writing samples

The following are writing samples from my time as a reporter of the Arts and Entertainment section and the Business and Science section, as well as the Business and Science editor of The Signpost at Weber State University. To view more samples of my editorial work, please click here.

Matisyahu makes music with WSU students

Portfolio commentary:
This story came about when I was not yet hired on the staff of The Signpost, but was in a course that required me to be a reporter for them in the Arts and Entertainment section, published or not. I spearheaded this story, as I knew the singer was well-known and I also enjoyed his music. Because the event brought in a massive crowd, I was told the event was top story, front-page material and needed to be written immediately, when I had originally planned to write it in the next couple of days. 
I decided to write the story drawing on the emotion, energy and popularity of the event.

Matisayu performs at Weber State University
During the Q&A session with reggae artist Matisyahu, Weber State University student Mitch Tarbox stood in front of nearly 1,000 people and asked how he, an aspiring rapper, could be heard.

“Well, I’ll tell you the best way,” Matisyahu said. “I’m going to give you a beat right now. Ready?”

Singer and songwriter Matisyahu, who blends orthodox Jewish themes with reggae and hip hop beat-boxing, performed and spoke at WSU on Thursday to a large crowd of students and community members. Starting at 9 a.m., people were lining up, awaiting the artist who was not scheduled until noon. The line eventually pushed through the Shepherd Union Building’s doors, stretching all the way to WSU’s Stewart Library.

About 45 students had the opportunity to attend a meet-and-greet with the artist prior to the show. During the meet-and-greet, which resembled a round-table conversation, Matisyahu pointed to one WSU student at the opposite end of the table and said he remembered meeting him on his tour this past summer.

The student was guitarist Jordan Chad Tanner, who said he knows all of Matisyahu’s songs. During the concert, Matisyahu invited Tanner onto the stage to play guitar for Matisyahu’s song “Darkness into Light.”

“I’ve learned all his lyrics and I can play a lot of his songs,” Tanner said. “I’ve always been a big fan . . . I thought I’d be more nervous than I was. It was just fun. It was cool to be up there . . . Everyone wants to be a rock star, right?”

Upon performing several songs, Matisyahu spoke with the audience in a Q&A session, which increased the reverent, hushed tone of the room.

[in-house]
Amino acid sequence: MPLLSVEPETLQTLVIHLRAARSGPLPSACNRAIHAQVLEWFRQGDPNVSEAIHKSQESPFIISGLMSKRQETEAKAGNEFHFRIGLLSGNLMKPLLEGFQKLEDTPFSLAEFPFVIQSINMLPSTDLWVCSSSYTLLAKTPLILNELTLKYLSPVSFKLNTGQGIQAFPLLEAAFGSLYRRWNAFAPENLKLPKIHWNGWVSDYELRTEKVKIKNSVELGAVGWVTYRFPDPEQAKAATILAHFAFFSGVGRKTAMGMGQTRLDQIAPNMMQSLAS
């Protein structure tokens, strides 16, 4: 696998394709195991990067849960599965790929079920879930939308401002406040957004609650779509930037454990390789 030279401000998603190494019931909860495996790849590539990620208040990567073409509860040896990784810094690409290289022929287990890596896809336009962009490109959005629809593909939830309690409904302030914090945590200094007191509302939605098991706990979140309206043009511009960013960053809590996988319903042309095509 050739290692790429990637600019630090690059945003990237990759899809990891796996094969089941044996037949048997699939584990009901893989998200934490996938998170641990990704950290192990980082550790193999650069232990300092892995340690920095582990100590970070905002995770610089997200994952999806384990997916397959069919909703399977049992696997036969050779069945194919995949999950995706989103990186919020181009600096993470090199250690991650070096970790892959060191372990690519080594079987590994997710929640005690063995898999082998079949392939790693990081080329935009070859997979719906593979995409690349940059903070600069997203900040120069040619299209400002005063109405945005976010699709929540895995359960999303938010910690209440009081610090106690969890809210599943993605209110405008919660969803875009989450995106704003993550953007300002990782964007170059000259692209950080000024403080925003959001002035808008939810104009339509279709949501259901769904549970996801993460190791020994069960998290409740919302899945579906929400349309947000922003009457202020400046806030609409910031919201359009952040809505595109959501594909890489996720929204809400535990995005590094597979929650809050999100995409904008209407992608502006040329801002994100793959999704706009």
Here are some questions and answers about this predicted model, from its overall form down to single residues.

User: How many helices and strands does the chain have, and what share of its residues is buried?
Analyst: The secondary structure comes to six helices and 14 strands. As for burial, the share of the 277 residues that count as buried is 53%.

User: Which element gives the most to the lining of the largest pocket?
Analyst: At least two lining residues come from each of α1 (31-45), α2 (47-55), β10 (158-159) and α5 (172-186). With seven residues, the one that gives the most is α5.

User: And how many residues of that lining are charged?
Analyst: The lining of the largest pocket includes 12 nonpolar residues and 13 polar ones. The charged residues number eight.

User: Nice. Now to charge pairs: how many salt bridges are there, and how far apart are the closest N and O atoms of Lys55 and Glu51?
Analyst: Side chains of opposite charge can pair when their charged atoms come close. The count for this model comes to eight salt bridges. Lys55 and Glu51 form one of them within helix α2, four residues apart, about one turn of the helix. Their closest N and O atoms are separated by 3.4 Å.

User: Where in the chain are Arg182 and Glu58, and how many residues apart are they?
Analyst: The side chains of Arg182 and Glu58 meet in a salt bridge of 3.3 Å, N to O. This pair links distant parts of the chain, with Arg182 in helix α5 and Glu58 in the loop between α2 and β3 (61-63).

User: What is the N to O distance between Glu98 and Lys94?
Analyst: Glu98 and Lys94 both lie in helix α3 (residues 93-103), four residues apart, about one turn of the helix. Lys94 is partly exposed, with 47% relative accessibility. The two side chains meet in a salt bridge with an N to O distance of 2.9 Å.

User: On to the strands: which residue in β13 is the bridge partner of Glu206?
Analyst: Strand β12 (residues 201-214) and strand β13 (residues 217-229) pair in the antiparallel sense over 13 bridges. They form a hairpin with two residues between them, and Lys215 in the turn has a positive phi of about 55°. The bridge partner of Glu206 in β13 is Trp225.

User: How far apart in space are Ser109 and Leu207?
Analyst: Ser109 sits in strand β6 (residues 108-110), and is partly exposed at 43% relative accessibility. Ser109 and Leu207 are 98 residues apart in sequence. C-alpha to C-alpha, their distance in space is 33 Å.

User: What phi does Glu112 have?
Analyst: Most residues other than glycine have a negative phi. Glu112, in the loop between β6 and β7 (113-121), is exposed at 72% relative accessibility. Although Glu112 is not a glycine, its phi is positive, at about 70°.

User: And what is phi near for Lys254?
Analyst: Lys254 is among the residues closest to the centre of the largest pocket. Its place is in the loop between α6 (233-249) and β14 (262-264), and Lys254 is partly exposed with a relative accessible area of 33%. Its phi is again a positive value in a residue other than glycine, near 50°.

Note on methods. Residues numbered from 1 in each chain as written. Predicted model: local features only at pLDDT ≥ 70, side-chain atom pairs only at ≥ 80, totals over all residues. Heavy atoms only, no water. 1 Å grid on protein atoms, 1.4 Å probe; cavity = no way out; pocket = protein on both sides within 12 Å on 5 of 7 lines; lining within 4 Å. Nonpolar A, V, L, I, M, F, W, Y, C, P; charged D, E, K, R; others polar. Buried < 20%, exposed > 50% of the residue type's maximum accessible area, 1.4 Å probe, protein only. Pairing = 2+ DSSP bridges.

Several people in attendance observed the energy in the room.

“(It’s) just a great, energetic sound,” said Carlos Emjay, a drummer with the WSU African Drum Society. ”It was a great opportunity to hear him live . . . Whatever he was saying was legit.”

Britta Stumpp, a dancer and an employee at WSU’s library, said she had not heard of Matisyahu until the show.

“I love his message of spirituality versus dogma,” she said.

While known for his spiritual lyrics, Matisyahu stated his belief that not all religious people are deep thinkers. His words on the matter generated a large amount of cheers.

“Trust me, I’m surrounded by a lot of religious people, and a lot of times they’re the most shallow thinkers, you know?” he said. “But I guess for me, again, I try not to think of things in terms of religion, or not religion . . . Everyone has their own trip that they’re on, basically.”
WSU Convocations, a committee of students who choose speakers and performers to come to WSU, brought Matisyahu to campus.

“We make sure they have a message,” said Tara Peris-Caputo, Convocations adviser and coordinator of Clubs and Organizations. “His was spirituality in music. It went really well.”

Nathan Chappell, a musician who attended with his daughter, said Matisyahu is an inspiration.

“He’s the best,” Chappell said. “He’s awesome. He embodies a lot of ideals I think we need to get closer to. Beyond the music, I think his approach to life is balanced and something I’d like to be more like.”

According to his MySpace page, Matisyahu is a “Hasidic Jewish musician from New York City singing reggae songs about his religious devotion.”

Exploring pristine Russia

Portfolio commentary:
I wrote this as the business and science editor and was under the impression that this story was another routine guest speaking engagement focusing on scientific research. However, as speaker Jeffrey Hazboun related his adventure about an untouched foreign land with beautiful photographs, I knew I must approach the angle with illustrative language. Two more reasons I needed more of a feature-like angle is because Hazboun's trip to Russia was not timely, as it took place over a year and a half ago, and the only relevance he brought to Weber State University was as a guest speaker.

Source: Reel Water Productions Jeffrey Hazboun is filmed by National Geographic 
while he and a fellow crew member
fish in Kamchatka, Russia.

Although it has been close to a year and a half since Jeffrey Hazboun, the scientist-explorer student from Utah State University, was dropped off by a helicopter on top of some bear tracks at the base of a volcano, his expedition’s impact is still reverberating.
Hazboun, who spoke at Weber State University on Wednesday, attributed the lasting impact of his adventure to Russia’s Kamchatka Peninsula to being filmed for the “Russian Giants” episode of Monster Fish on the National Geographic Channel.
The idea for the expedition came from Robert Bart, a friend of Hazboun’s. Bart said he hopes people will become more aware of environmental issues.

“We (hoped that we) could maybe get attention to Kamchatka by being kayakers,” Bart said. “It’s a great hook. If people will see a picture of a kayak running something and its beautiful and impressive,
they will be more likely to read the story as well. So our hope was to be able to tell the story about
how incredible Kamchatka is as well as how important it is ecologically.”
Hazboun and the group he traveled with knew their goal was not merely to find out ways to conserve, but it was “really changing public and institutional desires for conservation.”